Black's mistake was that he ran Hollinger as if he owned it when, in fact, he only owned a controlling stake. Black ignored the fact that shareholders and directors owe special legal and equitable duties to one another, as well as to the company. But this mistake is not criminal, and it does not justify the punitive lawsuits being filed against him, the pre-trial seizure of his assets, or the damage being done to his reputation.
There will be recriminations a-plenty over what was just announced on the 12th floor in Chicago. Conrad Black was found NOT GUILTY of racketeering, NOT GUILTY of tax fraud, NOT GUILTY of the CanWest scheme, NOT GUILTY on Bora Bora, the Park Avenue apartment and Barbara's birthday party, NOT GUILTY on the individual non-competes on US newspaper sales.
He has been found GUILTY in just two narrow areas - "obstruction of justice" re the security camera footage of him removing boxes from 10 Toronto Street, and three "mail fraud" counts relating to the APC non-compete agreement, in which (as the government argued) Black and Radler paid Black and Radler not to compete with Black and Radler. As I argued here and here, those were always the easiest charges to shoot for if you wanted to convict on something. It speaks very poorly for Black's legal representation that the best argument against the APC charges was made by David Radler and the best argument against the obstruction count was made to me over a cup of tea by Barbara Amiel.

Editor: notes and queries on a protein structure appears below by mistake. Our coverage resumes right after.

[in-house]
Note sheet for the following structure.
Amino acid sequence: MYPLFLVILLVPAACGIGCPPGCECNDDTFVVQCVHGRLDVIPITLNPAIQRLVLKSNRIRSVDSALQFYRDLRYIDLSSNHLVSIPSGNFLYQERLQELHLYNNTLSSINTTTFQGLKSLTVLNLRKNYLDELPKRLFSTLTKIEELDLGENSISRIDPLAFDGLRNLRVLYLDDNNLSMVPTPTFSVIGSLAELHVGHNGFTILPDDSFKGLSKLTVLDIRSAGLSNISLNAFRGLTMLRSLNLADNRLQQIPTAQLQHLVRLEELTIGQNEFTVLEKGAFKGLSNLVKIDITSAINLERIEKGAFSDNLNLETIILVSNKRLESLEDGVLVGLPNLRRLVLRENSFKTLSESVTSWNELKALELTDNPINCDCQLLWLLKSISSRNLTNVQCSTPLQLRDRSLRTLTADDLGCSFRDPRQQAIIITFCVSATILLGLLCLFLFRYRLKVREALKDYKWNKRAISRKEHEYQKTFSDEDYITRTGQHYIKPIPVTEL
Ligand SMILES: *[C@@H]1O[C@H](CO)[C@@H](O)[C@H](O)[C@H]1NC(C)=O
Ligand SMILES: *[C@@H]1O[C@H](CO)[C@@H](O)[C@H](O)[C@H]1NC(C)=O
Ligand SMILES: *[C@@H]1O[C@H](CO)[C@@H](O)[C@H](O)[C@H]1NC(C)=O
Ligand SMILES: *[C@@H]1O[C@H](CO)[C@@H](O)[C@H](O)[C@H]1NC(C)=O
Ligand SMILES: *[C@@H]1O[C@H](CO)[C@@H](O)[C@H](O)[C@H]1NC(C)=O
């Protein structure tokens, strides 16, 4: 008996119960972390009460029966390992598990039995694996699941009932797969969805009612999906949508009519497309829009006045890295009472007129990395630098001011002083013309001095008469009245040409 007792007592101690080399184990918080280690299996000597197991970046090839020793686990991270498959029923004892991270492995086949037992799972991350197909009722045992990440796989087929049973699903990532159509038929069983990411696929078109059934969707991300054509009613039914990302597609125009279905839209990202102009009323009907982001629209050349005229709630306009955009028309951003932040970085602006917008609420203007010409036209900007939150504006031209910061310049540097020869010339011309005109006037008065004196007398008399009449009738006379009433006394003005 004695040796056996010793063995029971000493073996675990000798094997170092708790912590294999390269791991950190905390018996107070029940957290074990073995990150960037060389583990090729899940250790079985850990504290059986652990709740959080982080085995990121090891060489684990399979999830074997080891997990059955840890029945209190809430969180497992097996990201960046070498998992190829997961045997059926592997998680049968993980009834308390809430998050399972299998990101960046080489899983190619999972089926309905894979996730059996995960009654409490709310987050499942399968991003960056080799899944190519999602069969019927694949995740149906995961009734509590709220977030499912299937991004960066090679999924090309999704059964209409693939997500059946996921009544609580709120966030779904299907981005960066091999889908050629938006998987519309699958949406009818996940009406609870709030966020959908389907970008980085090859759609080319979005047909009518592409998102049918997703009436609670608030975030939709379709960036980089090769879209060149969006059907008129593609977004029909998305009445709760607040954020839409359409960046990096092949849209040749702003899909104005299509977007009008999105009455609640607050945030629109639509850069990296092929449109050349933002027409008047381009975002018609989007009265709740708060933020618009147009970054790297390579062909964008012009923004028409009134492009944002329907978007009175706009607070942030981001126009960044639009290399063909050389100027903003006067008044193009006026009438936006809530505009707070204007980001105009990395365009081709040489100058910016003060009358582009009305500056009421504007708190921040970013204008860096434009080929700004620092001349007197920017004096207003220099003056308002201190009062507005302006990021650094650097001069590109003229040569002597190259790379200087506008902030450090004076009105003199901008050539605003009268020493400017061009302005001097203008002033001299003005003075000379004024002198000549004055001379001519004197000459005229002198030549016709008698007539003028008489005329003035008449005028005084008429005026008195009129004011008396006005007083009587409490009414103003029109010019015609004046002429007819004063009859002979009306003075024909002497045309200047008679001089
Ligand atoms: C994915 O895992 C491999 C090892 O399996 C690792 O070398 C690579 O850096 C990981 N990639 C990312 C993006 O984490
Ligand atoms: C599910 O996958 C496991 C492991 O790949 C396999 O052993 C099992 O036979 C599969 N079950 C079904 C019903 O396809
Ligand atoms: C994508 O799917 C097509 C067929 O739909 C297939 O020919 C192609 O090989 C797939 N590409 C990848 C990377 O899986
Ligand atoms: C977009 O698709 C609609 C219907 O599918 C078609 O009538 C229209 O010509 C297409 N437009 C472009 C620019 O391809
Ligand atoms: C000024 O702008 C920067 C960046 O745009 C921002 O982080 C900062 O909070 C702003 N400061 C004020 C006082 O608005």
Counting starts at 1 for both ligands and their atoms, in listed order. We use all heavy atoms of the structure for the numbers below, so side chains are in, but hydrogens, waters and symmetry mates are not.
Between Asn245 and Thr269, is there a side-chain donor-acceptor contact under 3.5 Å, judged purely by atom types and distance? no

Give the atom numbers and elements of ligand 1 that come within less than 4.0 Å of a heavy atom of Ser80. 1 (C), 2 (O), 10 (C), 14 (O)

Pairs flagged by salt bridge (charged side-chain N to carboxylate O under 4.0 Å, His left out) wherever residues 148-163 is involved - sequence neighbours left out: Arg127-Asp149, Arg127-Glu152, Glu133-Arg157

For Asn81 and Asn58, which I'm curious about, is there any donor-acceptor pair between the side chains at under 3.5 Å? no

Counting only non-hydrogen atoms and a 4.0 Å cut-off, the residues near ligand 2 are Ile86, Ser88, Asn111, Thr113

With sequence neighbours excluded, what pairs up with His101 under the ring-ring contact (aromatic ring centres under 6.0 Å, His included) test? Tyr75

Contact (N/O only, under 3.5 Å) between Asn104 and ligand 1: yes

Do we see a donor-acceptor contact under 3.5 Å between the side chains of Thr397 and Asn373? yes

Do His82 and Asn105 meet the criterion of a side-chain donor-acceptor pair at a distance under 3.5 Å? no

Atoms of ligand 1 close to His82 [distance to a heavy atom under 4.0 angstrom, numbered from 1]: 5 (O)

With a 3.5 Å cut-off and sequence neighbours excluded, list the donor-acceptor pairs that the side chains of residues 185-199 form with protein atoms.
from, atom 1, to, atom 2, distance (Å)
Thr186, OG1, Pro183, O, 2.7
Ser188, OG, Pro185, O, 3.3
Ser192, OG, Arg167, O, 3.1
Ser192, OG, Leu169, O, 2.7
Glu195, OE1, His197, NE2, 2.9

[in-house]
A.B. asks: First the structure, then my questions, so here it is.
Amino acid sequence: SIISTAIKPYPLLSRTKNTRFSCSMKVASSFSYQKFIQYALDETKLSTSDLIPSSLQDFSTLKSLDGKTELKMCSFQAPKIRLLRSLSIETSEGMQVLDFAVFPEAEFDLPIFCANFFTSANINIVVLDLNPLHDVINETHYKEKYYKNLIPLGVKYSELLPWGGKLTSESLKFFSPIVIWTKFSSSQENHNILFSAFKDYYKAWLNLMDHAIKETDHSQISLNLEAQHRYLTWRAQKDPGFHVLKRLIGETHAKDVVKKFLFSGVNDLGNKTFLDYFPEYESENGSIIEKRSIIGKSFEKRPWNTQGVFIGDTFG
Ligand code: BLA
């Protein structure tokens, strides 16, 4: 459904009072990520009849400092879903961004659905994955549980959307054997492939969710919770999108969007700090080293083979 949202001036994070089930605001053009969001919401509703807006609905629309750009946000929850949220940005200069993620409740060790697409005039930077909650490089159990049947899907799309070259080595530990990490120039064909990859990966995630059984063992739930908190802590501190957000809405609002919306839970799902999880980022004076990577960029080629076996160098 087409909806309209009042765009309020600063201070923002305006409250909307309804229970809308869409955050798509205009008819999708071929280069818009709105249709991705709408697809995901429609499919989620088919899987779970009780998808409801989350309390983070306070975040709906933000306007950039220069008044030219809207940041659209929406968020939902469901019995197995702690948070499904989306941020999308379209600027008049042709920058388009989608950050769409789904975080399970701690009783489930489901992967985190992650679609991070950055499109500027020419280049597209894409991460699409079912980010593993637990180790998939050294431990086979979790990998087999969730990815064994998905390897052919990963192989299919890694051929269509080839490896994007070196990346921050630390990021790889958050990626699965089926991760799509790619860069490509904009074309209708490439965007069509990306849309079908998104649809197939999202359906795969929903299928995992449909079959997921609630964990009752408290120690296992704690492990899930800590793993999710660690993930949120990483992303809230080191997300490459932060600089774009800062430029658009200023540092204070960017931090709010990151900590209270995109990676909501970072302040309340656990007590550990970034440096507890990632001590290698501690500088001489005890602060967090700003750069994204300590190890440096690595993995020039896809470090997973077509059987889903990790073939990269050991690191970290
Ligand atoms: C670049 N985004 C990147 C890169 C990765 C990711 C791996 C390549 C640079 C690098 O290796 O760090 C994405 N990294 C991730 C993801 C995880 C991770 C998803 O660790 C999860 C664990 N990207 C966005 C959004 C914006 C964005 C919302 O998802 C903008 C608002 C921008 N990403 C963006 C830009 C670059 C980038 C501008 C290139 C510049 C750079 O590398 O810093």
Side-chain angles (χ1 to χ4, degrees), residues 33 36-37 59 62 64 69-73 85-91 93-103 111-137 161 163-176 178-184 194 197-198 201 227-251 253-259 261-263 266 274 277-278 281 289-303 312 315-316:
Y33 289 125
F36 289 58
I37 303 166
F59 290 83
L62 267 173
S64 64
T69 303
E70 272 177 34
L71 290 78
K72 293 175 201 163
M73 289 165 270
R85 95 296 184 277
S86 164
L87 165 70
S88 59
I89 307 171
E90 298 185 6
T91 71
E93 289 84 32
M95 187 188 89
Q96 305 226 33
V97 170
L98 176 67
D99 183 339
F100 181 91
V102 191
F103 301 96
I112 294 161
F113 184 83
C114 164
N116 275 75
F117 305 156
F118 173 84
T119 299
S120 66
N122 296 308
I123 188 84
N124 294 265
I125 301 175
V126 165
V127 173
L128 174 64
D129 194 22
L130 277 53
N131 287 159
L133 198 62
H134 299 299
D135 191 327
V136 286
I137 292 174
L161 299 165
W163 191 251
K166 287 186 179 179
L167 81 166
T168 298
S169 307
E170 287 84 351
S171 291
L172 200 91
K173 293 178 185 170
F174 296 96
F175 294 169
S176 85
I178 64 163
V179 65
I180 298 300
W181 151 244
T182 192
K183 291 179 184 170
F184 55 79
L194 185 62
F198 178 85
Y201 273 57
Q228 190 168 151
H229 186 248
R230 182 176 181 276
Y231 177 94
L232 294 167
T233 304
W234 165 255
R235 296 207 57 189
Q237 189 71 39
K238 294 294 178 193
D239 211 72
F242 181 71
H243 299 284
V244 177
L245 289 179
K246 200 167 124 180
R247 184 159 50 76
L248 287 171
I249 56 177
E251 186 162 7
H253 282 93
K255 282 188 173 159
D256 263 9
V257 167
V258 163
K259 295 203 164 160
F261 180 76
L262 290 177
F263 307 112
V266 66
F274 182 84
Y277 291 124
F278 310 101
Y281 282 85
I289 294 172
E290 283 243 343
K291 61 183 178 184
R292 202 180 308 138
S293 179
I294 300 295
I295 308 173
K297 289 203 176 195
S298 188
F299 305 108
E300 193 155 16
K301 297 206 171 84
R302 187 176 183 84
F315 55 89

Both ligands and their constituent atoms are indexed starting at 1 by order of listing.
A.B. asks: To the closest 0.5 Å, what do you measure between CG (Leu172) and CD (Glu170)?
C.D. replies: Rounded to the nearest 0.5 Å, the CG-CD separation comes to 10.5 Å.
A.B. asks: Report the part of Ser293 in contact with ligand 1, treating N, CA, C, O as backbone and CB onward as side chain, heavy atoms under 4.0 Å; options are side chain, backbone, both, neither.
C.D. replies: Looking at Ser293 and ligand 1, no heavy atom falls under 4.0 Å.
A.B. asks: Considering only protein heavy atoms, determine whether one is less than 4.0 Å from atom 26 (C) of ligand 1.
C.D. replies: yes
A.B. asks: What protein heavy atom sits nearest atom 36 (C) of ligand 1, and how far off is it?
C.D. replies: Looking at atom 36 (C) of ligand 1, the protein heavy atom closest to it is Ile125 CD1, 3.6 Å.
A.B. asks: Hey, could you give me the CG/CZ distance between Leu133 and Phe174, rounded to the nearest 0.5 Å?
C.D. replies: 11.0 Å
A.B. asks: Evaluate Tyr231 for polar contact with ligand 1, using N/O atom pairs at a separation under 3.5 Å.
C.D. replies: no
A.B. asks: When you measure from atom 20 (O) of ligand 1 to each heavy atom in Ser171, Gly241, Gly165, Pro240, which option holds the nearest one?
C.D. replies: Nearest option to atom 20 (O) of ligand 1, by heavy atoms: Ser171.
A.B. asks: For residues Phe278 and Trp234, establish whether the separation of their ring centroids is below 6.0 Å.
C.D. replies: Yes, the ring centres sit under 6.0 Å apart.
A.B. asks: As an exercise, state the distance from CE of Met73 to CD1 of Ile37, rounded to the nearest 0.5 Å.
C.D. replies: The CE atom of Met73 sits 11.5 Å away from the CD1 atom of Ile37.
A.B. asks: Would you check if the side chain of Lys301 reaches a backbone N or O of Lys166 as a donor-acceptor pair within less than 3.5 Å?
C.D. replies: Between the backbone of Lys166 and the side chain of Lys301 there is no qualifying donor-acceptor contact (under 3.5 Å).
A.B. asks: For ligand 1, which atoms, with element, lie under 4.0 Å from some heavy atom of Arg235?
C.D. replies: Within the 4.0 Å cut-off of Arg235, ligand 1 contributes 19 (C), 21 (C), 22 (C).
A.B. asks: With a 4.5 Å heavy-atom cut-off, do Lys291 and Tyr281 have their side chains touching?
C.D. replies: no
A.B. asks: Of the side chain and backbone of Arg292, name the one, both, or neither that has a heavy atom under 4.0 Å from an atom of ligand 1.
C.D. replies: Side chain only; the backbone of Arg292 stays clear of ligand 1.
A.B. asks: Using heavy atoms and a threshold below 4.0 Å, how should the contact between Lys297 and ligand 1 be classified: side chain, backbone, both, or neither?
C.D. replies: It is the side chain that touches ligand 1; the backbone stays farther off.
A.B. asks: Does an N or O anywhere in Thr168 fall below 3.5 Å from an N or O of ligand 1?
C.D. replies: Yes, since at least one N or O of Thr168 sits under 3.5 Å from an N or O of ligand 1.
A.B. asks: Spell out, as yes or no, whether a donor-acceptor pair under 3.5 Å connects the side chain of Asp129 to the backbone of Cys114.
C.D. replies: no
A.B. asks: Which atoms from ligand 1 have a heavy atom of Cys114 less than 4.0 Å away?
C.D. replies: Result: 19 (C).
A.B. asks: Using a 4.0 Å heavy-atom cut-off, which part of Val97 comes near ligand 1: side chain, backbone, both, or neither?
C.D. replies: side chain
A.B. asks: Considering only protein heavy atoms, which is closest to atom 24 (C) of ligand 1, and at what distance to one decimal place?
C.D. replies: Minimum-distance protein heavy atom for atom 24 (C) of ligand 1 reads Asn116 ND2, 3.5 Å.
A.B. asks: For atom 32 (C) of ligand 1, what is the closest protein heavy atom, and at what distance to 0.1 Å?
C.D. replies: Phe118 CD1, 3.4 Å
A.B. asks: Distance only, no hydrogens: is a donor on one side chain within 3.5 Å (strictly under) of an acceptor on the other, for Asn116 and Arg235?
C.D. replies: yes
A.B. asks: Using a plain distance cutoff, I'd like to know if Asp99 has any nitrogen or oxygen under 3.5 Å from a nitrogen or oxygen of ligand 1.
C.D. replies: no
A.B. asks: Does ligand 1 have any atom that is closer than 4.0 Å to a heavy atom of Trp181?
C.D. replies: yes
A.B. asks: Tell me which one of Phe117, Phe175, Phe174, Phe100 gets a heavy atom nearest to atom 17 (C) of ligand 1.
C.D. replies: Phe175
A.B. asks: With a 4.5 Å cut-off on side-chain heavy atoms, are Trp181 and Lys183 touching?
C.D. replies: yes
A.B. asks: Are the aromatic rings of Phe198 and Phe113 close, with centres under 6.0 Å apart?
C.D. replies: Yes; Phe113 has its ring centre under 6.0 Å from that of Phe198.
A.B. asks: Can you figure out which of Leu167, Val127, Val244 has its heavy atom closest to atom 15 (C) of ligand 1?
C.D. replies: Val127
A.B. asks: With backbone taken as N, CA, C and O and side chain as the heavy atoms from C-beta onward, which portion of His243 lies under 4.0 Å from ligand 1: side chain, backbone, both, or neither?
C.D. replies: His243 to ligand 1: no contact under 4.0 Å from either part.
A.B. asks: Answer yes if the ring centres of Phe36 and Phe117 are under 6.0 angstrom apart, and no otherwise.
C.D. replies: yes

The government alleged three schemes - the "US scheme", the "CanWest scheme", the "perks scheme" - and upgraded them to racketeering, and threw in tax fraud. They lost on racketeering and tax. They lost outright on two-thirds of the schemes. And on the remaining scheme - the "US scheme" - they lost on everything but the APC non-compete fee. Yet, absent successful appeals, four men could be spending the rest of their working lives in jail. The US Attorney's office might usefully adopt as its motto the IRA's message to Mrs Thatcher after the Brighton bombing, "You have to be lucky every time. We only have to be lucky once."